A week ago, I was out of town, spending time with my mother, who was very ill. After her passing, I returned to work after about five days away. I was greeted by a stuffed mailbox, an overflowing in-box, 700+ emails, and numerous voicemail messages. If you’re like me, you’ve got some strategies to help hack through the backlog and get your desktop back under control — or almost under control. One task, however, seems to stifle some executives: Catching up on reading submitted letters, reports, professional journals, manuscripts, etc. “To Read” piles can become mountainous if one does not bulldoze periodically.
I tend to shy away from advice that says to start a “To Read” folder for use on airplanes, trains, and other locations when one has enough down time to read a few items. I find that I never have enough free time to plow through the darned things. So the file grows to outrageous proportions, where it becomes a visible reminder that I’m not “getting things done” when it comes to my required business reading. Instead, I use a simple, yet effective way to get through some of the professional reading that we all have to do. It’s not elegant; It’s quick and dirty, but it gets the job done for me.
The first thing that one has to realize is that all reading is not the same. Reports are written for a different purpose than articles. Articles are written for a different purpose than letters. Letters are written for a different purpose than proposals. Yet, most of us try to read all types of reading materials the same way. The first rule of plowing through reading materials is realizing that some material deserves a thorough and precise reading and some does not. Don’t feel guilty in not giving some material deep attention if it doesn’t deserve it.
The second presupposition is that within one body of writing, all words are not important. As a former teacher, I taught students that although their textbooks are important, it was impossible for any teacher to test them on every word that it contains. Some words are more important than others. The 80/20 Rule comes into effect here. This rule states that 80% of the benefit for something comes from 20% of the work. For sales forces, this rule says that 80% of one’s income comes from 20% of the customers. It means that 80% of the discipline issues that a school faces come from 20% of the students. The percentages may not be exact, but they’ll be close. For our purposes, in any given book, 80% of the value of the book comes from 20% of the words within it. So our first job in reading is simply to find and read the 20% of the words that contain the value that we need. Read those and no others — unless the particular value that we require lies within that last 80%. When that happens, we turn to deeper reading.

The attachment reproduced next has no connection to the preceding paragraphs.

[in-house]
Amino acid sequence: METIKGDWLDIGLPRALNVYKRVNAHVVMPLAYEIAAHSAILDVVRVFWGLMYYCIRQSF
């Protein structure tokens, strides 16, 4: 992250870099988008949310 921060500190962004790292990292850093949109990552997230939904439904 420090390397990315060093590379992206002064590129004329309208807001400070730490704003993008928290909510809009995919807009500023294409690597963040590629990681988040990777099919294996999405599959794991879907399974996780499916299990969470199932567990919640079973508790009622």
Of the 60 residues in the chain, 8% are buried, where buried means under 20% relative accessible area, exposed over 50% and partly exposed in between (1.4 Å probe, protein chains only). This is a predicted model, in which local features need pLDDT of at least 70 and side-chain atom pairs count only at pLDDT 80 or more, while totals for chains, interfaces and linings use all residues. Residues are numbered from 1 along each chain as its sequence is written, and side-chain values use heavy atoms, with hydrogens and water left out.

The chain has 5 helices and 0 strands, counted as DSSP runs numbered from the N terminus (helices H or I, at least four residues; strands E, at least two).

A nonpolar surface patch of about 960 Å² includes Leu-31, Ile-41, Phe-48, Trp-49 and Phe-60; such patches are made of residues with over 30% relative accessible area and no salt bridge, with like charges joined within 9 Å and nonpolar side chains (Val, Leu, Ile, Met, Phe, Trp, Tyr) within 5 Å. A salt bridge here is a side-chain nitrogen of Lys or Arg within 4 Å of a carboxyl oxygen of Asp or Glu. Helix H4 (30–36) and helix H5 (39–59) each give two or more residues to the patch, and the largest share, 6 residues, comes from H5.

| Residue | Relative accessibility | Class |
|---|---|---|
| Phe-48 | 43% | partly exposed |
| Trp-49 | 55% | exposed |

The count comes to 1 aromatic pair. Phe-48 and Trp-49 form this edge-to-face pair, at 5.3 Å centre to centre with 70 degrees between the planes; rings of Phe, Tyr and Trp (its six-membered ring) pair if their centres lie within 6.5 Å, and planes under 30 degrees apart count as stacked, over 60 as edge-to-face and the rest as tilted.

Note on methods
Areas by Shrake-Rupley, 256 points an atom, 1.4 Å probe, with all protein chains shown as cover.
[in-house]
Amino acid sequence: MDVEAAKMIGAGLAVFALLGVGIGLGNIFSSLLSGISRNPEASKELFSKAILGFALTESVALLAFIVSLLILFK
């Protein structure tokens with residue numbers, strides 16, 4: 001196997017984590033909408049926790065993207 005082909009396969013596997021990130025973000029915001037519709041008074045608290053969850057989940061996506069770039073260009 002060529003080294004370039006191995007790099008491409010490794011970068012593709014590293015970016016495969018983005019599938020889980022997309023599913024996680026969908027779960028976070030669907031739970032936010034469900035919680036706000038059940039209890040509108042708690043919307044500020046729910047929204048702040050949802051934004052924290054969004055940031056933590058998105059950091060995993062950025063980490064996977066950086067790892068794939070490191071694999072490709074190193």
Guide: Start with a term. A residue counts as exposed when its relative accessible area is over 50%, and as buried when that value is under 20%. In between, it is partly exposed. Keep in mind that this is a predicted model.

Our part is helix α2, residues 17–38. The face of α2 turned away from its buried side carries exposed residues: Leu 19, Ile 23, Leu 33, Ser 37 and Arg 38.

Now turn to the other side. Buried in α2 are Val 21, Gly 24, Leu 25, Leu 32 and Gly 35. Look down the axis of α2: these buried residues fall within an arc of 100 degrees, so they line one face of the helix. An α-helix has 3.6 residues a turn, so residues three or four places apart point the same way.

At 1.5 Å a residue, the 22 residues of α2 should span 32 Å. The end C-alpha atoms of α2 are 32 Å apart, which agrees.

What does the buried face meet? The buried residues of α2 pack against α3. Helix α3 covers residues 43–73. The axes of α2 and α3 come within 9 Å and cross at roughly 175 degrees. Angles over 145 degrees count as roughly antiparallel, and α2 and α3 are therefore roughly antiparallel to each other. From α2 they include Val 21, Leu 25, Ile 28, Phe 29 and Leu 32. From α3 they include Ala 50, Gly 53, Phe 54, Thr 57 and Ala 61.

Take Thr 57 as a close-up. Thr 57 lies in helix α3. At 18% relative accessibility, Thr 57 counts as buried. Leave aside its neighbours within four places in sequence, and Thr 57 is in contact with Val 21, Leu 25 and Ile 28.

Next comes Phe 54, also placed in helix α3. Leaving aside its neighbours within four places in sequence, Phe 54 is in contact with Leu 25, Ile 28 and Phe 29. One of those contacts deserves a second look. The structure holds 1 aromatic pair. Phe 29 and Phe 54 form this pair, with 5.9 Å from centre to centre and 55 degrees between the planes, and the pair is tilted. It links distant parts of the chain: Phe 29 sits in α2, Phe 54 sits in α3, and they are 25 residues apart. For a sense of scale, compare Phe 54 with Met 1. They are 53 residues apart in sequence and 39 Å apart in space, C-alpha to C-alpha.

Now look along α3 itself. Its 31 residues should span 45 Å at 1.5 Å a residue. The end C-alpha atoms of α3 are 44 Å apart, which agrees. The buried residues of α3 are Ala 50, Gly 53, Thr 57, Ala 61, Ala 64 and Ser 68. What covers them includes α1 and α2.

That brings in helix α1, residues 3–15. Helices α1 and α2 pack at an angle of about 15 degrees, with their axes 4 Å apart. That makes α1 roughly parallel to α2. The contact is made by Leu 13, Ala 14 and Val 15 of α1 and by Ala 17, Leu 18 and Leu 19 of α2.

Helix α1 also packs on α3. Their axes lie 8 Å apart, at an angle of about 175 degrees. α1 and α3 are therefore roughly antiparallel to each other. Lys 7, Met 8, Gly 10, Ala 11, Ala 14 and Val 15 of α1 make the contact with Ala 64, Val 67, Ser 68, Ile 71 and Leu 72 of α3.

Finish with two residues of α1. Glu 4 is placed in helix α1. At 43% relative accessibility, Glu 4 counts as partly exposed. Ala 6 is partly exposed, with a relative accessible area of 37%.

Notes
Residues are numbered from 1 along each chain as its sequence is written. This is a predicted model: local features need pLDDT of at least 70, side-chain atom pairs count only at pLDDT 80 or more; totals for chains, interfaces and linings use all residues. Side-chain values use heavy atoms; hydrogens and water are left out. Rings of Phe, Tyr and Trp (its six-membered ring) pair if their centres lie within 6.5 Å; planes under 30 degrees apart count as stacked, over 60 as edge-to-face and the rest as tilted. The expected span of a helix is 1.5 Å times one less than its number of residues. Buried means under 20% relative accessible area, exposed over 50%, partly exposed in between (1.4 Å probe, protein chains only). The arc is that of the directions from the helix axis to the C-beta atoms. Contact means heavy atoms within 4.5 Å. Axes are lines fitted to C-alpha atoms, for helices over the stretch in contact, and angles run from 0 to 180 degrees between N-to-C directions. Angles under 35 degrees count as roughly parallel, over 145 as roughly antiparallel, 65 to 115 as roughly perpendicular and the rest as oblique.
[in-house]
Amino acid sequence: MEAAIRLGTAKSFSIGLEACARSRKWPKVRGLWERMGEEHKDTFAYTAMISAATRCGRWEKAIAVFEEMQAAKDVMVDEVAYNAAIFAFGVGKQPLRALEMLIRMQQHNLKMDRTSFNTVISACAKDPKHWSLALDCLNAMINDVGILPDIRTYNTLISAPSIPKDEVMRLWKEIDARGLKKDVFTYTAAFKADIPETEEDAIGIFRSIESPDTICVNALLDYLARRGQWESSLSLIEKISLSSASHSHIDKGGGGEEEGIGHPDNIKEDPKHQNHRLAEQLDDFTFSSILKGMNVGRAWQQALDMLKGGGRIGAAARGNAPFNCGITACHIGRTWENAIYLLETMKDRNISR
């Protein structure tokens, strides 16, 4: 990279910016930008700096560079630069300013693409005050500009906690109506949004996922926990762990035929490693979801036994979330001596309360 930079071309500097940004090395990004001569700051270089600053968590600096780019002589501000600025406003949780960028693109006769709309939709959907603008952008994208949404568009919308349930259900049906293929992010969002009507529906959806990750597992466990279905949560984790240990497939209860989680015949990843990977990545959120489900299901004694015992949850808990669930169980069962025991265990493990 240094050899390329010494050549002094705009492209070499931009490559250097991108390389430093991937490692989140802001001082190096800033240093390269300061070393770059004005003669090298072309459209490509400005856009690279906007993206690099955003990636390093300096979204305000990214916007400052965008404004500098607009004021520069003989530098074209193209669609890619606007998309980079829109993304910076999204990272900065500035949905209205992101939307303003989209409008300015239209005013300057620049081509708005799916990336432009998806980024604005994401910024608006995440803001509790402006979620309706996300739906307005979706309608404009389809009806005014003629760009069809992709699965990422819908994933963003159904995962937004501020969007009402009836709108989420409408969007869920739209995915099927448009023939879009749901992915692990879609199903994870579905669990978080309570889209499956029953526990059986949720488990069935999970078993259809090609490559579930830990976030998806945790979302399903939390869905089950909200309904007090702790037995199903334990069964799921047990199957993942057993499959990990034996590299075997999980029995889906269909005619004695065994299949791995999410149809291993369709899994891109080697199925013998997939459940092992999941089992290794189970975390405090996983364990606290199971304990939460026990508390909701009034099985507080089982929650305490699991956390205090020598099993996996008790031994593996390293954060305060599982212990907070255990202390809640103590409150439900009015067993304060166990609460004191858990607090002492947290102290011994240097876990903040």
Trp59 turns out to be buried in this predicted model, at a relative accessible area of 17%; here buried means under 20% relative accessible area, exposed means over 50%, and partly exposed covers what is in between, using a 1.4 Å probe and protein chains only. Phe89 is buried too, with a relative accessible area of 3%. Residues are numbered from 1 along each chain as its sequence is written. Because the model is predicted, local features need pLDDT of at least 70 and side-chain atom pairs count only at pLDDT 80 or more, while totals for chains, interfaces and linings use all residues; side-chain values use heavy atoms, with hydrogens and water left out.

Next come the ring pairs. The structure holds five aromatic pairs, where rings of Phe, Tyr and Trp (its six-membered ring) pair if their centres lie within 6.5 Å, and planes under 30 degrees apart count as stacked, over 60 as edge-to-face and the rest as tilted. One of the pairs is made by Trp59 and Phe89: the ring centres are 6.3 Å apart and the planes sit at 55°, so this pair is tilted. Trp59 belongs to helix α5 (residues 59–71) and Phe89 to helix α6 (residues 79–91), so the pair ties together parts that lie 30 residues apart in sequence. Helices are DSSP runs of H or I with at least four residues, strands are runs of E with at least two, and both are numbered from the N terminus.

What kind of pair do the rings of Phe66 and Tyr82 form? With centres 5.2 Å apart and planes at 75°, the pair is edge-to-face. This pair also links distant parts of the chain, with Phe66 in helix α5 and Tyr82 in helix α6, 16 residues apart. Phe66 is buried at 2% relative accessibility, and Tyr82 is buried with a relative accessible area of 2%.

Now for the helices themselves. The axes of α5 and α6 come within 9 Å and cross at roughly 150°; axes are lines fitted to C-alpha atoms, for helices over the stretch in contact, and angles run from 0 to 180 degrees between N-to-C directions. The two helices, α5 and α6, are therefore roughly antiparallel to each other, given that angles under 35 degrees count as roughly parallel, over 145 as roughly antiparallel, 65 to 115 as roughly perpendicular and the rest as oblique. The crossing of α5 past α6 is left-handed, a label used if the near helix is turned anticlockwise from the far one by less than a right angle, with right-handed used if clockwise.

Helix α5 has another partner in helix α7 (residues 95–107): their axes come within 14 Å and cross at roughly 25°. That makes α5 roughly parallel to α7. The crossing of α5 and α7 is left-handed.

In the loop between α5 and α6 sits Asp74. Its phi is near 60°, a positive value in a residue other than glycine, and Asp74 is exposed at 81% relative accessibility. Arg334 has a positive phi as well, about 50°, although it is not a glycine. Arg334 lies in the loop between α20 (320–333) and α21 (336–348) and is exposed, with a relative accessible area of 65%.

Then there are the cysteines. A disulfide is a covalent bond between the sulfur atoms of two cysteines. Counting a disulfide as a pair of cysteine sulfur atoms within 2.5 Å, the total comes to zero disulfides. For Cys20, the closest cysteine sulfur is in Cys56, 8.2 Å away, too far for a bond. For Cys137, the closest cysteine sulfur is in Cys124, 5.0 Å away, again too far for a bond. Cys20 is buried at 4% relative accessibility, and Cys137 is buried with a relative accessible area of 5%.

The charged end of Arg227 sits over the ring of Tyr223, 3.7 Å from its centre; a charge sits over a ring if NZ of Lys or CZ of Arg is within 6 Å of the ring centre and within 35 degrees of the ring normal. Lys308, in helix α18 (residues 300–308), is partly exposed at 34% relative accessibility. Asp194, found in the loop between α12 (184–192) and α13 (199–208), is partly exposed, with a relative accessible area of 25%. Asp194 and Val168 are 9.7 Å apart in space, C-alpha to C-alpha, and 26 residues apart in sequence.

How To Find the Essential 20%
To get the most out of a book, report, review, etc., in the least amount of time, try this strategy:
- Read the title of the material.
- Read the introduction.
- Read the Table of Contents.
- Flip through the material, scanning the chapter titles and sub-headings. Note the words that stand out as bold, different colors, underlined, or italicized.
- Look at the illustrations and captions. Look at the charts and diagrams. Read the pull-quotes and sidebars.
- Scan through the index looking for your particular business’ buzz words.
- Now read the first chapter (or in a shorter work, the first paragraph).
- Flip through the book and read the first sentence of each paragraph. The 80/20 rule says that only 20% of each paragraph is essential. Each paragraph should contain a topic sentence (the 20%). The rest of the paragraph is simply support material to defend the topic sentence, examples, illustrations, etc. (the 80%). The topic sentence is often the first sentence of the paragraph — but not always.
- Read the last chapter (or paragraph in a shorter work). If there is an executive summary, read it.
- Read any other information on the cover or dust jacket.
There you have it. You now have 80% of the information that the material contains. You could possibly even carry on an intelligent conversation about the concepts in the book at this point. Now, one must consider if a deeper reading is called on. Your purpose for reading the material in the first place will determine if this strategy has given one all that one needs to know or if this was just a good introduction for a more deeper reading to mine for even more nuggets of information. For most reading material (yep, about 80%), this is as far as it goes. I find that about 20% of my reading requires additional deep reading.
Over the next few days, I’ll share some other strategies to help you get the best out of your business reading. Until then, give this strategy a whirl and see if it fits you.